According to Alfred Nobel’s will, the Peace Price shall be award to the person who “shall have done the most or the best work for fraternity between nations, for the abolition or reduction of standing armies and for the holding and promotion of peace congresses.” With that being said, here are five 21st century creations that would be awarded the Nobel Booby Prize for what they’ve done to severely damage for human relations.
On the surface this was a wonderful development. Investigate just a little bit deeper, and texting will be part of the fall of humanity. Thanks to texts, there is little or no need to actually call people anymore. Not only does it dull socialization, but it promotes isolation (with the impression that people are actually together). If one throws in the worldwide crisis of texting and driving, youth only knowing how to write and spell in text language, and the numerous cases of teens committing suicide after sexting gone wrong, Mr. Nobel would just shake his head at this destructive, ubiquitous monster.
The benefits of this are obvious, but similar to texting, the ability to be connected to the internet everywhere has further detached humans from one another. Go to almost any sporting event, coffee shop, airport, etc, and people are transfixed by the laptop, cell phone or tablet computer. If there was no internet signal people would be forced to, gasp, make conversation, pay attention to the game and cheer, enjoy scenery, and pay attention to their children. I don’t blame Apple for taking advantage of this situation, but as they continue to generate billions of dollars in revenue, they need to know that they are a willing accomplice.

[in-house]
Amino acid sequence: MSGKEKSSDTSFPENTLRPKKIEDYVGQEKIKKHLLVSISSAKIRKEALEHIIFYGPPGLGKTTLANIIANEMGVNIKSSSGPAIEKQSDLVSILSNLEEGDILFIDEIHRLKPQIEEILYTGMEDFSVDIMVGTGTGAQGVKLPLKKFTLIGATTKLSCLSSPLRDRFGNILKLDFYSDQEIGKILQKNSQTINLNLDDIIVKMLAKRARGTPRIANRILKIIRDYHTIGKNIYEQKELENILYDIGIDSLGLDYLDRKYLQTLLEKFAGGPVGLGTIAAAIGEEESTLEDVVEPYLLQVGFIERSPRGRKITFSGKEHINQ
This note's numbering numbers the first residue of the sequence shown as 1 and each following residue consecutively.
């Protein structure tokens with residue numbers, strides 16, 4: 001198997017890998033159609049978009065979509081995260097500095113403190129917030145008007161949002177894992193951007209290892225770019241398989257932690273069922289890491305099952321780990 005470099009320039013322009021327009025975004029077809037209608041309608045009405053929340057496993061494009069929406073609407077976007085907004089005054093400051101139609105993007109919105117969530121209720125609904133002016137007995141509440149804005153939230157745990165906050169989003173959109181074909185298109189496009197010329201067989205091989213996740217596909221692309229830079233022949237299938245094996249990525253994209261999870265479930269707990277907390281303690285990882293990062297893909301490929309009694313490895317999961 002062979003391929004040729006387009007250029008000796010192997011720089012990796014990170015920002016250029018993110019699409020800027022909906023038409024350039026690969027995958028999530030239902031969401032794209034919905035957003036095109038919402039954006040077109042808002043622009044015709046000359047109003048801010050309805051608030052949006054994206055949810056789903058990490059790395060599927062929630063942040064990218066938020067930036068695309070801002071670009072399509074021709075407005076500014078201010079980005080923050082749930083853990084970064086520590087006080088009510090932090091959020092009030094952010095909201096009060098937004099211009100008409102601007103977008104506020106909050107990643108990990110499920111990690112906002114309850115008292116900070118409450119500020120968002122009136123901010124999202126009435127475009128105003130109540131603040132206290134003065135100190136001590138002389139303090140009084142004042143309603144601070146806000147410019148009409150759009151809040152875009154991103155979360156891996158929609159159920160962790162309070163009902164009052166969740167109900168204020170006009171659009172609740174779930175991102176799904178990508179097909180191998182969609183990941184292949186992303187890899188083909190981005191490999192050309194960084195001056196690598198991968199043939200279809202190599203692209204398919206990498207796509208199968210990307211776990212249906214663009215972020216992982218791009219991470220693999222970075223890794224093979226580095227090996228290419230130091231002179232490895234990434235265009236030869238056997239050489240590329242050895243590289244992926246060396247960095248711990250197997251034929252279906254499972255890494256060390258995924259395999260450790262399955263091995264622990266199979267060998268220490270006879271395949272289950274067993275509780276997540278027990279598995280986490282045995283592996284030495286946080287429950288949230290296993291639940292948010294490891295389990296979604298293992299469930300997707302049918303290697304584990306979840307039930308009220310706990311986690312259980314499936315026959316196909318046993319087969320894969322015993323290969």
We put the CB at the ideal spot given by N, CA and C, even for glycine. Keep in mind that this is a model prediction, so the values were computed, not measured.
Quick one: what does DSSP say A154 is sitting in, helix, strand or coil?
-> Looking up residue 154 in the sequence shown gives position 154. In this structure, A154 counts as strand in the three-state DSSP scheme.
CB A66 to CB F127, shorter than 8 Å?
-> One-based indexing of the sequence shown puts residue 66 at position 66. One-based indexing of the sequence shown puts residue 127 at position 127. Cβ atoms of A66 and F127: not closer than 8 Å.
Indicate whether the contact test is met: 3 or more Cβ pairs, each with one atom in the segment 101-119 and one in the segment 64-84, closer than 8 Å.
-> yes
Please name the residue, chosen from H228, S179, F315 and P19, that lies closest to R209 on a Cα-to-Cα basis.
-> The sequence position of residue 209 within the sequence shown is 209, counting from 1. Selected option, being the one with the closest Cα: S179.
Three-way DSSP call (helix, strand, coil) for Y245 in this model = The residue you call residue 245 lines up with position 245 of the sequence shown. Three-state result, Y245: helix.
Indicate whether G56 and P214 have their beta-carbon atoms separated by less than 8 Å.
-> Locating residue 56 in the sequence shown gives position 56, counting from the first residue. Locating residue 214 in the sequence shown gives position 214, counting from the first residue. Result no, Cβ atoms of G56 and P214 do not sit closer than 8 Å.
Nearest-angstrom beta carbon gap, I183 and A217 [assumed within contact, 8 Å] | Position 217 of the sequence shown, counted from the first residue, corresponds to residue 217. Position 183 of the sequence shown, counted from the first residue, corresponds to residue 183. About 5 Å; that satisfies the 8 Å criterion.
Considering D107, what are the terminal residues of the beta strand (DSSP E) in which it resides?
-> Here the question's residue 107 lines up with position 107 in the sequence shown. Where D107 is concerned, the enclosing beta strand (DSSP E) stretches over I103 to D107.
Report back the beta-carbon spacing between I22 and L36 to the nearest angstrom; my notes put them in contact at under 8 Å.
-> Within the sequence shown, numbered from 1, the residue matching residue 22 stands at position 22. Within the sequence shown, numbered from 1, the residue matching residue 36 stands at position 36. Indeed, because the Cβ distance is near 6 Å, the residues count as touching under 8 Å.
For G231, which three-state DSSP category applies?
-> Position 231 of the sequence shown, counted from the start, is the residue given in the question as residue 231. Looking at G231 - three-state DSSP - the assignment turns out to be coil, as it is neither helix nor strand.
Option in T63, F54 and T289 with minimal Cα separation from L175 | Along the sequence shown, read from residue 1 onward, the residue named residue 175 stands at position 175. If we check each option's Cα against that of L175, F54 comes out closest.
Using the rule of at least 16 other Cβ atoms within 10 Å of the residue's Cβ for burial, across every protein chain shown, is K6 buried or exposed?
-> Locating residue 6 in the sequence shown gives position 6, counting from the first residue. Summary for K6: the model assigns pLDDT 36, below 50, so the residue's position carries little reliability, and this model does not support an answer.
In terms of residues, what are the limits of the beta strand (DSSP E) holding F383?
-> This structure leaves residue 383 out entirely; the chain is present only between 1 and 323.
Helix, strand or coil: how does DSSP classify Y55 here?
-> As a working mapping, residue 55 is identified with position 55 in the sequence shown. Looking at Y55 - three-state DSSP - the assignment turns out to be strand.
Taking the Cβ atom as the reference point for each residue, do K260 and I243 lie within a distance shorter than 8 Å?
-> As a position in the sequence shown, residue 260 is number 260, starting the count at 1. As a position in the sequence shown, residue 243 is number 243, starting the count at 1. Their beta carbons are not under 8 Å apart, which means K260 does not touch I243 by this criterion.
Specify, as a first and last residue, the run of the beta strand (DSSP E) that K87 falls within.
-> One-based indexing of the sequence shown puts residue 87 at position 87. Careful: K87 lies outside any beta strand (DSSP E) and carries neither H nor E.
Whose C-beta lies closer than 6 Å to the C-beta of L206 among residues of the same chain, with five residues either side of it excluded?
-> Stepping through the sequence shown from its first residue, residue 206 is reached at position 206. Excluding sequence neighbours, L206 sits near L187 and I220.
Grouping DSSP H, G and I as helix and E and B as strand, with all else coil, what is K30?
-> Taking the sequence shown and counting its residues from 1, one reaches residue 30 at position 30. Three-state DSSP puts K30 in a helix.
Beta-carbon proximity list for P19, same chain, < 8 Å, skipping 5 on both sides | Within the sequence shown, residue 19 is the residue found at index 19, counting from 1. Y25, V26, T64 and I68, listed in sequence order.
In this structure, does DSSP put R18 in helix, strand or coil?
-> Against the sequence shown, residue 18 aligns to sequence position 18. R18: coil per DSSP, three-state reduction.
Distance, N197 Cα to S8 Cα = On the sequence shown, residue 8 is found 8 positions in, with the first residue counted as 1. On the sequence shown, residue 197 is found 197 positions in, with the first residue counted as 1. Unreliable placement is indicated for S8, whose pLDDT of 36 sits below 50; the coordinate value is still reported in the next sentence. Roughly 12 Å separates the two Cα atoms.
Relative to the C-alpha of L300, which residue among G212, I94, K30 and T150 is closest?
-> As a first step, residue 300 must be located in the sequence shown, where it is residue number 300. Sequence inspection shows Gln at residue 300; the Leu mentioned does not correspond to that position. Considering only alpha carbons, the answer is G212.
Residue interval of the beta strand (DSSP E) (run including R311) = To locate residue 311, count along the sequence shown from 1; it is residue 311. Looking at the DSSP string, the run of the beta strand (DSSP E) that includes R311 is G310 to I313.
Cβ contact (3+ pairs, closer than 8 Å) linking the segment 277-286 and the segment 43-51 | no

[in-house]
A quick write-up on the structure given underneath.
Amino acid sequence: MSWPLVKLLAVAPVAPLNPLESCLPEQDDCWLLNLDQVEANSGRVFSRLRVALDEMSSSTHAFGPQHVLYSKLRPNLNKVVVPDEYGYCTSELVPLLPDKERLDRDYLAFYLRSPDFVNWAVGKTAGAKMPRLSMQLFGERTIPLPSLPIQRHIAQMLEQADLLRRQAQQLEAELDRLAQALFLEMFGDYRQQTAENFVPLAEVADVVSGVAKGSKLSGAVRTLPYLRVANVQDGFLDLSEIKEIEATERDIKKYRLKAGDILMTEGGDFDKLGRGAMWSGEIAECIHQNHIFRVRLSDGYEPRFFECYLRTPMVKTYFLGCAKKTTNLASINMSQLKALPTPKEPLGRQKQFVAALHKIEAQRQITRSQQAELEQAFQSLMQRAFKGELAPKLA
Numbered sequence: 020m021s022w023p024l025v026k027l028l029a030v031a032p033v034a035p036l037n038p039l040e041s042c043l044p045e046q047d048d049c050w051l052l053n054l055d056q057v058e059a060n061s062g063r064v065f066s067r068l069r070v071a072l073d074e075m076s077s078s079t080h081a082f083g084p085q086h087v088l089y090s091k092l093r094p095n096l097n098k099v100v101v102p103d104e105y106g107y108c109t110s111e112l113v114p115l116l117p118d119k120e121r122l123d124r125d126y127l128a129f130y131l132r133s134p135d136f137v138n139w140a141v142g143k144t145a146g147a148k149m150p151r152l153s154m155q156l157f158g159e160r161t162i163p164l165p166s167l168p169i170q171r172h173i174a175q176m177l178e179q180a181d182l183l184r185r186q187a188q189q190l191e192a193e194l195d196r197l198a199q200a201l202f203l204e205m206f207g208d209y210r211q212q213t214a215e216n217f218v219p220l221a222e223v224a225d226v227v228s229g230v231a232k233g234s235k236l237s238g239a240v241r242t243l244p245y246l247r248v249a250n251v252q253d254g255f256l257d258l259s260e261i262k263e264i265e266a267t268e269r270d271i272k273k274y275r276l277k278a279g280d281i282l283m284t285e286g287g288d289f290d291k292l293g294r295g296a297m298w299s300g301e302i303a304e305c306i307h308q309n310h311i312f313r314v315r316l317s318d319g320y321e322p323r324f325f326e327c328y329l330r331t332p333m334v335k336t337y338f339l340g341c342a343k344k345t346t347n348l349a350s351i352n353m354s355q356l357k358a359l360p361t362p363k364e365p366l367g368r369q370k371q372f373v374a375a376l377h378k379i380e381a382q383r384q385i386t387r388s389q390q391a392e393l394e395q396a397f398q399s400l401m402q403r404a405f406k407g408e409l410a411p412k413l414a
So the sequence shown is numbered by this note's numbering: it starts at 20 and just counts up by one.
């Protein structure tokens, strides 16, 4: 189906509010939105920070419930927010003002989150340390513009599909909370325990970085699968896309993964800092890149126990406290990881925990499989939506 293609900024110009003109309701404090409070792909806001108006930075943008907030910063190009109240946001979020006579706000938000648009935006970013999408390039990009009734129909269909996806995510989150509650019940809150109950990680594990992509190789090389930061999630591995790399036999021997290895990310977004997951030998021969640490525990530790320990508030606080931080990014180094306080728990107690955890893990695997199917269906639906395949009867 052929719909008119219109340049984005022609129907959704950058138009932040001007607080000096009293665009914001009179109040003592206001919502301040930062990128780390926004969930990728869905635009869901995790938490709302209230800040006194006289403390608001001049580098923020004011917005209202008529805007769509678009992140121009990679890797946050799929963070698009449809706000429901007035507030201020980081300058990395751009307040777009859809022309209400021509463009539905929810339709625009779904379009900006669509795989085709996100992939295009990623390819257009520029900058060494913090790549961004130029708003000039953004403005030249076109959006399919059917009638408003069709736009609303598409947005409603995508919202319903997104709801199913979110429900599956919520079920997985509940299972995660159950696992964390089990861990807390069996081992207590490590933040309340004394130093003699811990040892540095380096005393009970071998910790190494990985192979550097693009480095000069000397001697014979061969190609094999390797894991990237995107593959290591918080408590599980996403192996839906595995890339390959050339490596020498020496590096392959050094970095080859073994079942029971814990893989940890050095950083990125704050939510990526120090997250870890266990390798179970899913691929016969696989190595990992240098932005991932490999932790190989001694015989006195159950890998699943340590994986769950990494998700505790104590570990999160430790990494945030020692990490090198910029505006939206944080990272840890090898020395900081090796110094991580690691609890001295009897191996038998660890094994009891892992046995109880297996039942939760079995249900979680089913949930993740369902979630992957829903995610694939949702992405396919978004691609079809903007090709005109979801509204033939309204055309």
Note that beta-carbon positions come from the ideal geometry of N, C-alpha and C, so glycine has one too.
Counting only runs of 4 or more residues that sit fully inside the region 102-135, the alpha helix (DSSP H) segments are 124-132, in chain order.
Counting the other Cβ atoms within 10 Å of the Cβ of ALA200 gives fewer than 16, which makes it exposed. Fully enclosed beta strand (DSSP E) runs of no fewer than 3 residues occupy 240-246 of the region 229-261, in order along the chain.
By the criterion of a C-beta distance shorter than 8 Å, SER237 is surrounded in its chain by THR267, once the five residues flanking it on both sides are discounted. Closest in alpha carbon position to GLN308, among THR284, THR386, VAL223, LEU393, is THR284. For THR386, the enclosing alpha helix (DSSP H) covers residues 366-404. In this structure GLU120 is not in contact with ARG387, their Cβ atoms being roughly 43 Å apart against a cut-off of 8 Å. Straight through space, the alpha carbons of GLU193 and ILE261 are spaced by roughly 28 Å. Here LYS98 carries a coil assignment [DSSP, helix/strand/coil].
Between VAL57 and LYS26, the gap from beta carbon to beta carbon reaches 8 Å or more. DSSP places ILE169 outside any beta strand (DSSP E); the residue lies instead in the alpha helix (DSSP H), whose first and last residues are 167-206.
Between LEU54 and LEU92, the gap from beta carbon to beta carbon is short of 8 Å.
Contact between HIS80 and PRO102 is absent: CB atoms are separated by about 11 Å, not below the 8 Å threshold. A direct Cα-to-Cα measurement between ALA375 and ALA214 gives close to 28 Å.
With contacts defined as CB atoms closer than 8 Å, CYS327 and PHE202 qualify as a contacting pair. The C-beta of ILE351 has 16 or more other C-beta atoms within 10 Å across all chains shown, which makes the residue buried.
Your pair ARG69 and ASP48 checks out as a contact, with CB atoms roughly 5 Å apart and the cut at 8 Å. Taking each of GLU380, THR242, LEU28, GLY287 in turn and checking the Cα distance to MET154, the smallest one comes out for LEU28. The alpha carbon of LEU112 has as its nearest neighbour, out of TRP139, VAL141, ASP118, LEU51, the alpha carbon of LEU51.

Though not as egregiously dangerous as texting, high definition television promotes a considerable amount of seclusion. Why should I go to the movies and laugh, cry, or gasp with my fellow man when I can stream a movie right to the flat screen, high def, 60 inch behemoth in my living room? The same goes for sporting events. Why spend $50 per ticket, $20 on parking, $4 per hot dog, and $6 per beer when the game is free at home and looks gorgeous on a mounted, new Panasonic LED gem? In the last several years laptops come equipped with HDMI connections, so anything on the internet can be viewed on the beautiful display right from home. No need to go to a movie or sports bar ever again.
Why pay $75 to get nosebleed seats to see a crappy team like the Vikings when the game looks like this at home???
Where to even begin with this beast?
- People have hundreds of “friends.” Most of which they haven’t talked to in years or care to.
- I can create any persona I desire by posting pictures, videos, or comments that can completely distort the truth of who I am.
- The ability to cyber-stalk (and easily literally stalk since people post where they are and who they are with) people is almost limitless.
- I never have to call someone and wish them happy birthday. All that’s necessary is logging in, seeing who birthday it is, and posting a generic message on their wall.
There are countless more transgression, but suffice it to say, if the internet created the globalization of the world, FB is signaling the loss of human connection through pseudo-connectivity.
Unfiltered access to everyone’s thoughts and opinions is a dangerous possession. If we all say what we’re thinking (at all times) there is obviously no regard for the feelings of others. Even in its relative infancy there have been innumerable cases of some athlete or celebrity apologizing for what they tweeted … or alleging that their account was hacked. Beyond offending others, when one gets a large enough audience, it becomes natural to play to the crowd. These seemingly unrefined, candid moments are actually very staged (like reality television), but many of the followers aren’t sensible enough to realize this. The world has not gained any advancement by people being able to know when celebrity X is trying on a new pair of shoes.